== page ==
“So when did you get hooked on opiates?” I asked matter-of-factly.
The young man’s low-hanging black jeans were frayed at the bottom. He wore a black hooded sweatshirt – lightweight, but still out of place in the hot weather. His earlobes were pierced and stretched out with black hollow cylinders big enough for me to look through and out the window behind him.
I had seen dozens of his kind before, in my son’s junior high school class, at the skateboarding rink and around town. I figured I knew what kind of music he used to listen to and how he had acted toward his parents and teachers. I wondered if he had dropped out of school.
His clothing style seemed a little young for being at the opiate replacement clinic, where most of the patients were in their mid-twenties or older and weren’t rebelling against anything anymore. Had he arrested in teenage rage somehow?
“I started in high school”, he began. “I was angry at everything and everybody. I grew up having all kinds of skin infections, and then I was diagnosed with Chronic Granulomatous Disease. I had all these painful abscesses, and the doctors gave me hydrocodone. But it was in college I became addicted. I started my own software company and made lots of money. We partied a lot.”
He was bright, articulate, ambitious and successful, except when it came to conquering his drug habit. I realized I had typecast him because of his appearance.
At the end of our visit he paused on his way to the door.
“May I ask where you are from?” he said.
“Sweden”, I answered.
“Oh. You look exactly like my great-uncle Dieter from Germany. You’re an absolute Doppelgänger, but you are a lot nicer to deal with!”
“Definitely not your average kid”, I thought to myself as he described his great-uncle, a stern and meticulous clergyman, who sounded like a character in an Ingmar Bergman movie.
The young man had misjudged me just as much as I had misjudged him when we first met.
It got me thinking about how we instinctively and automatically form opinions of others based on general appearance or similarities with people we know. We need to be aware of this tendency that we all have and careful not to let it go too far, but I don’t think it is altogether useless or undesirable.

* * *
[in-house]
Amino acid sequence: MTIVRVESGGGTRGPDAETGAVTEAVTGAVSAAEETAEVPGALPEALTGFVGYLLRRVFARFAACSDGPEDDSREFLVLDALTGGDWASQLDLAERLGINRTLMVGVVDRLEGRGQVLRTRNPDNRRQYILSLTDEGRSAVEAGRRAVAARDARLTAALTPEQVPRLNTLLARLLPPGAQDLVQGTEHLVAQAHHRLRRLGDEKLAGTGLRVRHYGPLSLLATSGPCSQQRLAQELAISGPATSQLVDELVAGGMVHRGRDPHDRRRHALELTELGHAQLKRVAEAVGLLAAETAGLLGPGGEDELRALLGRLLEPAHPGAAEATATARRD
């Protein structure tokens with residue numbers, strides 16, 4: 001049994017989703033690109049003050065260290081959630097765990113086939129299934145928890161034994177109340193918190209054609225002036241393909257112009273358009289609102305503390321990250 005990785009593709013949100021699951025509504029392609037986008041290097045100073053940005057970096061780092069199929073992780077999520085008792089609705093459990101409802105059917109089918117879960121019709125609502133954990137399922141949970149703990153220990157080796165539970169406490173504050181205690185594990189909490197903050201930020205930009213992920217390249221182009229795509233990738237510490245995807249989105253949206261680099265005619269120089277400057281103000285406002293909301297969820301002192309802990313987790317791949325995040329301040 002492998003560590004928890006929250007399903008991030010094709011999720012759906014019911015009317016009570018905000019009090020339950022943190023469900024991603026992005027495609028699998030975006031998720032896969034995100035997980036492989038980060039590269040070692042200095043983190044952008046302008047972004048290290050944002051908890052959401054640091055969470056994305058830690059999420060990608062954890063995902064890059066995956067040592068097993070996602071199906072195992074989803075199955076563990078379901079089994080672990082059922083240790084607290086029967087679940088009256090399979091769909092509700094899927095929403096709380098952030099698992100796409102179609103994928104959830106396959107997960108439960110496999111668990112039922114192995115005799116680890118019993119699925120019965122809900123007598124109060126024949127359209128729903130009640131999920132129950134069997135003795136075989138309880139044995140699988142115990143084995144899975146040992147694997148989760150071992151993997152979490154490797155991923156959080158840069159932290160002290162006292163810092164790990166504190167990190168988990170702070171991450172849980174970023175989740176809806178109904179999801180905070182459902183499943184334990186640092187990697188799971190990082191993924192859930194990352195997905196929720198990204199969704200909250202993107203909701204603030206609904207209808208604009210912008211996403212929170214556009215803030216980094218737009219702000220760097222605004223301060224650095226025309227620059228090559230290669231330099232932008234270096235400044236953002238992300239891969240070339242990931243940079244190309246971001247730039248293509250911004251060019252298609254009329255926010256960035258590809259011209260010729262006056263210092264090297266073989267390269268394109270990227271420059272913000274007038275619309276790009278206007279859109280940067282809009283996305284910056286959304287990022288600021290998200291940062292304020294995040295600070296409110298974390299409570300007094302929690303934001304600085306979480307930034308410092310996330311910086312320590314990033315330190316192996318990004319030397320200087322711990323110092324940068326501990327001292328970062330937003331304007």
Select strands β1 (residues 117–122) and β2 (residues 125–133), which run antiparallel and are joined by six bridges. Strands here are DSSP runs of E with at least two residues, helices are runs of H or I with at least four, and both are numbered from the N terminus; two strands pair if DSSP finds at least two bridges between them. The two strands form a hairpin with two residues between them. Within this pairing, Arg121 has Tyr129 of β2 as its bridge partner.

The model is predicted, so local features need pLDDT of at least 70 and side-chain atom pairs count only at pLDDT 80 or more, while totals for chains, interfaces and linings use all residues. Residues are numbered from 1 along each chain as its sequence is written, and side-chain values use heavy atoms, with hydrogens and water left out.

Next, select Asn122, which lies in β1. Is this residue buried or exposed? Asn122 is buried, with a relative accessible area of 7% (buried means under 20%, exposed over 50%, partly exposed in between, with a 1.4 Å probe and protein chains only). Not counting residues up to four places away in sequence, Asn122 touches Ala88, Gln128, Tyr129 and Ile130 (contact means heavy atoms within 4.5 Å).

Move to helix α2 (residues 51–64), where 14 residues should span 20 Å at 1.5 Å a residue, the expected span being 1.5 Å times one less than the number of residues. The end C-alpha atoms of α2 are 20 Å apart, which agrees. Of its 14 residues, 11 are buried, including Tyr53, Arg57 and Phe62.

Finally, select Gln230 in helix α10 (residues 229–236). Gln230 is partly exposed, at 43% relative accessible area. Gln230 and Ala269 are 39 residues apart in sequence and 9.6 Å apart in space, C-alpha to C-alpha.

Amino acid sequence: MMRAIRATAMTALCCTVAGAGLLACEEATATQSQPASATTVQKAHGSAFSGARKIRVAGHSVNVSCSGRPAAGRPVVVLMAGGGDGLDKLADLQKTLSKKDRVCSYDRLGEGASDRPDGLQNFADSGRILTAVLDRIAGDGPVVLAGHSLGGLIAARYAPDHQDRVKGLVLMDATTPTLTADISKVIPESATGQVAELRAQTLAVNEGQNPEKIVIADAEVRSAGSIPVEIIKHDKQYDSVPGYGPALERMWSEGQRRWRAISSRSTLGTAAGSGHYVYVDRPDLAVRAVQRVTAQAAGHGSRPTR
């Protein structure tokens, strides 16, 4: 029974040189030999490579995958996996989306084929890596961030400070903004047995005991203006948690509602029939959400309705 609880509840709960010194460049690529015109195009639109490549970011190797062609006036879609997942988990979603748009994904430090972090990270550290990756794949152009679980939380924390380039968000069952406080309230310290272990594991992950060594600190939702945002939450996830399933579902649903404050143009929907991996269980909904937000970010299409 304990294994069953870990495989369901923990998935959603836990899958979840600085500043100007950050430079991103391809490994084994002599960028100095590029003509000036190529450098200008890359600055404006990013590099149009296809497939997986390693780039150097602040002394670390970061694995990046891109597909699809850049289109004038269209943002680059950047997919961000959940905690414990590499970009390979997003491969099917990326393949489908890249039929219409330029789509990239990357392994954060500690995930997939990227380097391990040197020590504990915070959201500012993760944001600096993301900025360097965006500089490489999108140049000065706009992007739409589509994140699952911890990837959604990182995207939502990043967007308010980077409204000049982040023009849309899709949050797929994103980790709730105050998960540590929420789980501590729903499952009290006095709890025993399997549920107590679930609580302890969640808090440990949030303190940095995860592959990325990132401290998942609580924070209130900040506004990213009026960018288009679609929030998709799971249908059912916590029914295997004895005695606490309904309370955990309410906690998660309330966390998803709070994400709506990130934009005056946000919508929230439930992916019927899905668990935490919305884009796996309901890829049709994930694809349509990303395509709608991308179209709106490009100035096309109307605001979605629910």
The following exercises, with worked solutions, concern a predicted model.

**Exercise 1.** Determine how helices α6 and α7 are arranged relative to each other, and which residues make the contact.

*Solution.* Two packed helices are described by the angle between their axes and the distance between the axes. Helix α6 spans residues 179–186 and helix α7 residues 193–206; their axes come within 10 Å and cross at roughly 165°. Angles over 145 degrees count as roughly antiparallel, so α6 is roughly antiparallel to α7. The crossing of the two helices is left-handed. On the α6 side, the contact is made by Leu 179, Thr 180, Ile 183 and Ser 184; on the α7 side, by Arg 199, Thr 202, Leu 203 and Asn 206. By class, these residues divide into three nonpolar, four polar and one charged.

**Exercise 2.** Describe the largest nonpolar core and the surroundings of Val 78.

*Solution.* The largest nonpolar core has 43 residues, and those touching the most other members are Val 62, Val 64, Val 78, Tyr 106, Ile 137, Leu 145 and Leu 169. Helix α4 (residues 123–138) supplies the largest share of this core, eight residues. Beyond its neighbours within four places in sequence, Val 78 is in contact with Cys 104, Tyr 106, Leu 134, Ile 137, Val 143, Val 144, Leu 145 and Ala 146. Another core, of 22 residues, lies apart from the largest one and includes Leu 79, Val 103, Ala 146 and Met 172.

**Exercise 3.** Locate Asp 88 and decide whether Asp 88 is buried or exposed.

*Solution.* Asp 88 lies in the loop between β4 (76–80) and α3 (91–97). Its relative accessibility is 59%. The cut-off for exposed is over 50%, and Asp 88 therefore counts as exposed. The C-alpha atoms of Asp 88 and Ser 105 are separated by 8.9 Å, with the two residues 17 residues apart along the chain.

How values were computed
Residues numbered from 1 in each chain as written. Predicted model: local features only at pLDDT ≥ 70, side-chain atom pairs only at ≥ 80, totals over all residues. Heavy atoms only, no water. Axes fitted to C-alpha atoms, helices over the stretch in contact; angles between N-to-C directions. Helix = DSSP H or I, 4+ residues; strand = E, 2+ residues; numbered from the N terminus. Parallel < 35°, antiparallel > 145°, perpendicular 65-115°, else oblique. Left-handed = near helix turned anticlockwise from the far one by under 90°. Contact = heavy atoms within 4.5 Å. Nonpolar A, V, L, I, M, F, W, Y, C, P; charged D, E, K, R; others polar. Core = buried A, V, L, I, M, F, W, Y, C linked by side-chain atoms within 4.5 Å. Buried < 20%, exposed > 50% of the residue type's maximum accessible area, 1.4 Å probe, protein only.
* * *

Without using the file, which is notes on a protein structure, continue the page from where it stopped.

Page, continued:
The “types” we recognize when we “typecast” each other often represent ancient and fundamental life-roles, or archetypes. Just like the characters in classic fairy tales remind us of people we know and tell us something about ourselves and our own time, we can sometimes understand our fellow human beings better if we look for similarities between them and the archetypes we all carry in our collective consciousness.
Jungian psychology uses archetypes to make sense of human behavior and emotions. Archetypal medicine goes further, by viewing symptoms as physical manifestations of emotions and the archetypes they represent. In archetypal medicine there is no difference between symptoms of the mind and symptoms of the body. A gut-wrenching experience and an intestinal blockage are one and the same process, the ultimate form of psychosomatic medicine.
Jung challenges us as physicians to see the epic drama behind the everyday internal and external conflicts our patients grapple with. The young man dressed in black in his revolt against a family of white-clad clergymen could be a character from Shakespeare or an even older literary master. Jung’s picture of health is a balance between conflicting subconscious forces, as when the young man can finally wear both black and white, and even gray.
Archetypal medicine would ask what the painful boils represent in the tragedy of the talented young man with his opiate addiction. “Illness as Metaphor” has long been the purview of alternative health practitioners. We allopaths aren’t usually willing to go that far, but I have read some thought-provoking treatises about common diseases like asthma viewed in such a way.
Archetypes, in everyday medicine, can offer glimpses into possible causes for behaviors and emotions. In a fifteen-minute visit for anxiety, headache, heartburn or opiate addiction they sometimes offer a deeper understanding than the typical questions we now ask. Does it really matter if a patient has generalized anxiety or panic disorder? Migraine or tension headache? Hiatal hernia or poor dietary habits? Or would we be better served by getting a thumbnail sketch of what the basic issues are that drive a fellow human being toward poor health or dis-ease?